|Publication number||US5197445 A|
|Application number||US 07/754,674|
|Publication date||Mar 30, 1993|
|Filing date||Sep 4, 1991|
|Priority date||Sep 4, 1990|
|Also published as||DE4027947A1, DE4027947C2|
|Publication number||07754674, 754674, US 5197445 A, US 5197445A, US-A-5197445, US5197445 A, US5197445A|
|Original Assignee||Robert Bosch Gmbh|
|Export Citation||BiBTeX, EndNote, RefMan|
|Patent Citations (11), Referenced by (12), Classifications (29), Legal Events (4)|
|External Links: USPTO, USPTO Assignment, Espacenet|
The invention relates to a system for supplying fuel to an internal combustion engine.
Every conventional system of the kind referred to above includes the following elements: a tank; a pump; a metering device for metering fuel to the intake air; a feed line for feeding the fuel from the pump to the metering device; and, a control unit for driving the pump and the metering device.
Motor vehicles equipped with internal combustion engines adapted to burn different fuels such as gasoline or gasoline/methanol mixtures are usually equipped with a sensor for measuring the composition of the pumped fuel. The signals of such a sensor make it possible to adapt precontrol values for the metering of fuel to the particular fuel composition. Precontrol values are applied on a test stand for a pregiven type of fuel such as gasoline. During operation of the engine, these precontrol values such as injection times are adapted with the aid of an adaptation to the particular operating conditions. The adaptation to the particular fuel composition takes place with the aid of the signal of the above-mentioned sensor which measures the fuel composition. If injection times for the use of gasoline are applied, then these injection times should be extended, for example by approximately 50%, when the above-mentioned sensor announces that the actual tank content comprises approximately 50% gasoline and 50% methanol.
It is a continuous effort to use as few sensors as possible in the area of motor vehicle electronics. Accordingly, various suggestions have been made to eliminate the above-mentioned sensor for detecting the fuel composition. U.S. Pat. No. 5,094,208 discloses a method wherein the control deviation in the lambda control loop is measured after each tank refill and an adaptation value is so changed that the detected control deviation is eliminated. This method has the disadvantage that it can only function when the lambda control is active; however, this is not the case especially for cold engines. However, even for warm engines, the method is problematical because of the abrupt change of the adaptation value since this procedure can easily lead to control oscillations.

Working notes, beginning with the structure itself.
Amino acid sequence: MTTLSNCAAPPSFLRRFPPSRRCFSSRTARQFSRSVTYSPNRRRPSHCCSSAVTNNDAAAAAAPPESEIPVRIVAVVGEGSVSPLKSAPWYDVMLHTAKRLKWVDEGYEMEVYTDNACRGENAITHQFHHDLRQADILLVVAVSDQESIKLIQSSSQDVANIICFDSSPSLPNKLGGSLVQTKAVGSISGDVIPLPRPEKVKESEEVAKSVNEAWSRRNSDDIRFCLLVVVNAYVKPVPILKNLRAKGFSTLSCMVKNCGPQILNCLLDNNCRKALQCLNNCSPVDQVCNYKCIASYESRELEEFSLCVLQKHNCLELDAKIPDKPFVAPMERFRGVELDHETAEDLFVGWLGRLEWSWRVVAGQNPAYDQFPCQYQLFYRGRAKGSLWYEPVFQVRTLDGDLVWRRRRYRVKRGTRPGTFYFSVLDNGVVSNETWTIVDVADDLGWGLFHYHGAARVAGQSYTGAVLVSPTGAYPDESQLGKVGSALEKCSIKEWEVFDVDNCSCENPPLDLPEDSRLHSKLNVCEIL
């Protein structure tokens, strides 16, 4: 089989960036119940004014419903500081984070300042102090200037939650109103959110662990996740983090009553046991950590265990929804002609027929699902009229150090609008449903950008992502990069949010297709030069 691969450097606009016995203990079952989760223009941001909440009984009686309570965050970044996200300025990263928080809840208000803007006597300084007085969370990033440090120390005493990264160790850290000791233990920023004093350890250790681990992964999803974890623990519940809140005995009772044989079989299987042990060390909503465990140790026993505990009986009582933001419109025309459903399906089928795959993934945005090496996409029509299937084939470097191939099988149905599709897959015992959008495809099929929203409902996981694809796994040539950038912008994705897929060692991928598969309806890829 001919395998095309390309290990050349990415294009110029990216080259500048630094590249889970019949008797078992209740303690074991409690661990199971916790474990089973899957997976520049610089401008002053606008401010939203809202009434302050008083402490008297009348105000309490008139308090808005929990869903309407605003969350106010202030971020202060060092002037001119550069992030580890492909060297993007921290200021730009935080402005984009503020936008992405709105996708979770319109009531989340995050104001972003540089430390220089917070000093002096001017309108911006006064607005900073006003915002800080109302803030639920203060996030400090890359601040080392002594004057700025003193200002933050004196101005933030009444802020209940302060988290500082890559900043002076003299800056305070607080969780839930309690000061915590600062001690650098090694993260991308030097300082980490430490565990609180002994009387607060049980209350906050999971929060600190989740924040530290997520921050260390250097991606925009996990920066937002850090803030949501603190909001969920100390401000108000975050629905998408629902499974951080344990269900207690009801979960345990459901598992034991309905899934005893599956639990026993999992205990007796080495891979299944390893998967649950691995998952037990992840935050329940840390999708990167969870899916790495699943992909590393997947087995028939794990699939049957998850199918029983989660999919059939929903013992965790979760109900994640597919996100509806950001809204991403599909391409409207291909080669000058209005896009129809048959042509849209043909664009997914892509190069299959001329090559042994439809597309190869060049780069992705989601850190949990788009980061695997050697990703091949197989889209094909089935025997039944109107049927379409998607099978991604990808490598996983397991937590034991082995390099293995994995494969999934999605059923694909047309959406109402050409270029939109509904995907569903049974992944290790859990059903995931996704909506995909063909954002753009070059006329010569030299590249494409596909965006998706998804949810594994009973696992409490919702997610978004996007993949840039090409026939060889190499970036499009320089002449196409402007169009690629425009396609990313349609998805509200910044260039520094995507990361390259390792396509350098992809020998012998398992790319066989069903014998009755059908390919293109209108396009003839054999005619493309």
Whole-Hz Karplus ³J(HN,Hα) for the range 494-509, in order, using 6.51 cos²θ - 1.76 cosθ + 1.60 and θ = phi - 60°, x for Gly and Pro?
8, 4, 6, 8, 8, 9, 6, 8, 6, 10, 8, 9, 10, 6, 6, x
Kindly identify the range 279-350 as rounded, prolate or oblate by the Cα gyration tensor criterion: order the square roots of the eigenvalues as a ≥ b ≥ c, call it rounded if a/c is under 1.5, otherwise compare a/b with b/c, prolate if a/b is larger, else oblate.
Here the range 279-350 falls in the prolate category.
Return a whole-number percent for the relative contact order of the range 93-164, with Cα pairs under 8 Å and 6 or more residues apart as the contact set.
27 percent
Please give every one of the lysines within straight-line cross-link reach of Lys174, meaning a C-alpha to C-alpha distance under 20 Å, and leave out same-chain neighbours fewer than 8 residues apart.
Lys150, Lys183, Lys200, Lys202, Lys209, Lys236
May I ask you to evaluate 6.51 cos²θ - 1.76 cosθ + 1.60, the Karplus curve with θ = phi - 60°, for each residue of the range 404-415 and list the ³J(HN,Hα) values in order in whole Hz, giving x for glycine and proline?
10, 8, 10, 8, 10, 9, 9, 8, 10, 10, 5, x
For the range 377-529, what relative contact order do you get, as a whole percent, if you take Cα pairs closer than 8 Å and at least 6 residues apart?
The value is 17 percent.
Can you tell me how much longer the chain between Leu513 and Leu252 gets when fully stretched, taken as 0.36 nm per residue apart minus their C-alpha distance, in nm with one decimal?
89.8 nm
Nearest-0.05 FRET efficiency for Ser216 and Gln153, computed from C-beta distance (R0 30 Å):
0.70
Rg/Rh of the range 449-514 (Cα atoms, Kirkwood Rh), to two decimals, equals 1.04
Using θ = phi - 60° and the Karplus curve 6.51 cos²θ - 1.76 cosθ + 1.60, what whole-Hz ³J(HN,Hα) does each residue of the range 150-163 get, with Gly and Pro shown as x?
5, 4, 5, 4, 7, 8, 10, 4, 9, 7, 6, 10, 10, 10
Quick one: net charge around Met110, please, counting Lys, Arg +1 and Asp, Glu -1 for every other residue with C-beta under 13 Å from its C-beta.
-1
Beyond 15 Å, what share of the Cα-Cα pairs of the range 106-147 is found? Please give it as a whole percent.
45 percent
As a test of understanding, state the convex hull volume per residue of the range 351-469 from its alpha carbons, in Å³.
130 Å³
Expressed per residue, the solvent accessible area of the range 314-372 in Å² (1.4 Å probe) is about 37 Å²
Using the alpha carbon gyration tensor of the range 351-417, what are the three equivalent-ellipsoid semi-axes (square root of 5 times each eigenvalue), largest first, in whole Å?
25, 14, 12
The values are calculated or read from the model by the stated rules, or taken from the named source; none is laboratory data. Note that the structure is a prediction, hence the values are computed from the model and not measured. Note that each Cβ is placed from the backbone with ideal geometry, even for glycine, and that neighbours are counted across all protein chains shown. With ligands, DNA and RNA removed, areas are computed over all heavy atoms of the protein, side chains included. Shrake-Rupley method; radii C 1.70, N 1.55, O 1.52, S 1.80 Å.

U.S. Pat. No. 5,121,732 discloses various methods which operate to render even cold engines operationally ready when the fuel composition has changed greatly after a tank refill, for example, when a tank containing gasoline has been driven until almost empty and then filled with a fuel comprising for the most part methanol. The fuel composition present is estimated with the aid of the tank conditions before and after tanking and upon the basis of the data of the fuel to be purchased. The precontrol values are then changed for the operation of the engine with fuels of the possible compositions and an investigation is made with which composition the machine will best operate. Control is continued then with these values. Independently of whether the method is applied to a cold engine or not, an adaptation with a short time constant is carried out when the lambda control is released and after filling the tank.
These methods too however present problems for example because the above-mentioned rapid adaptation brings about a slight tendency of control oscillations but nonetheless not so intense as with the method according to the above-mentioned U.S. Pat. No. 5,094,208 wherein an abrupt change of the adaptation value takes place. Poor engine running can develop when operating the engine with values for the different possible compositions when control is made with just those estimated values which lie farthest from those which are applicable for the fuel composition which is actually present.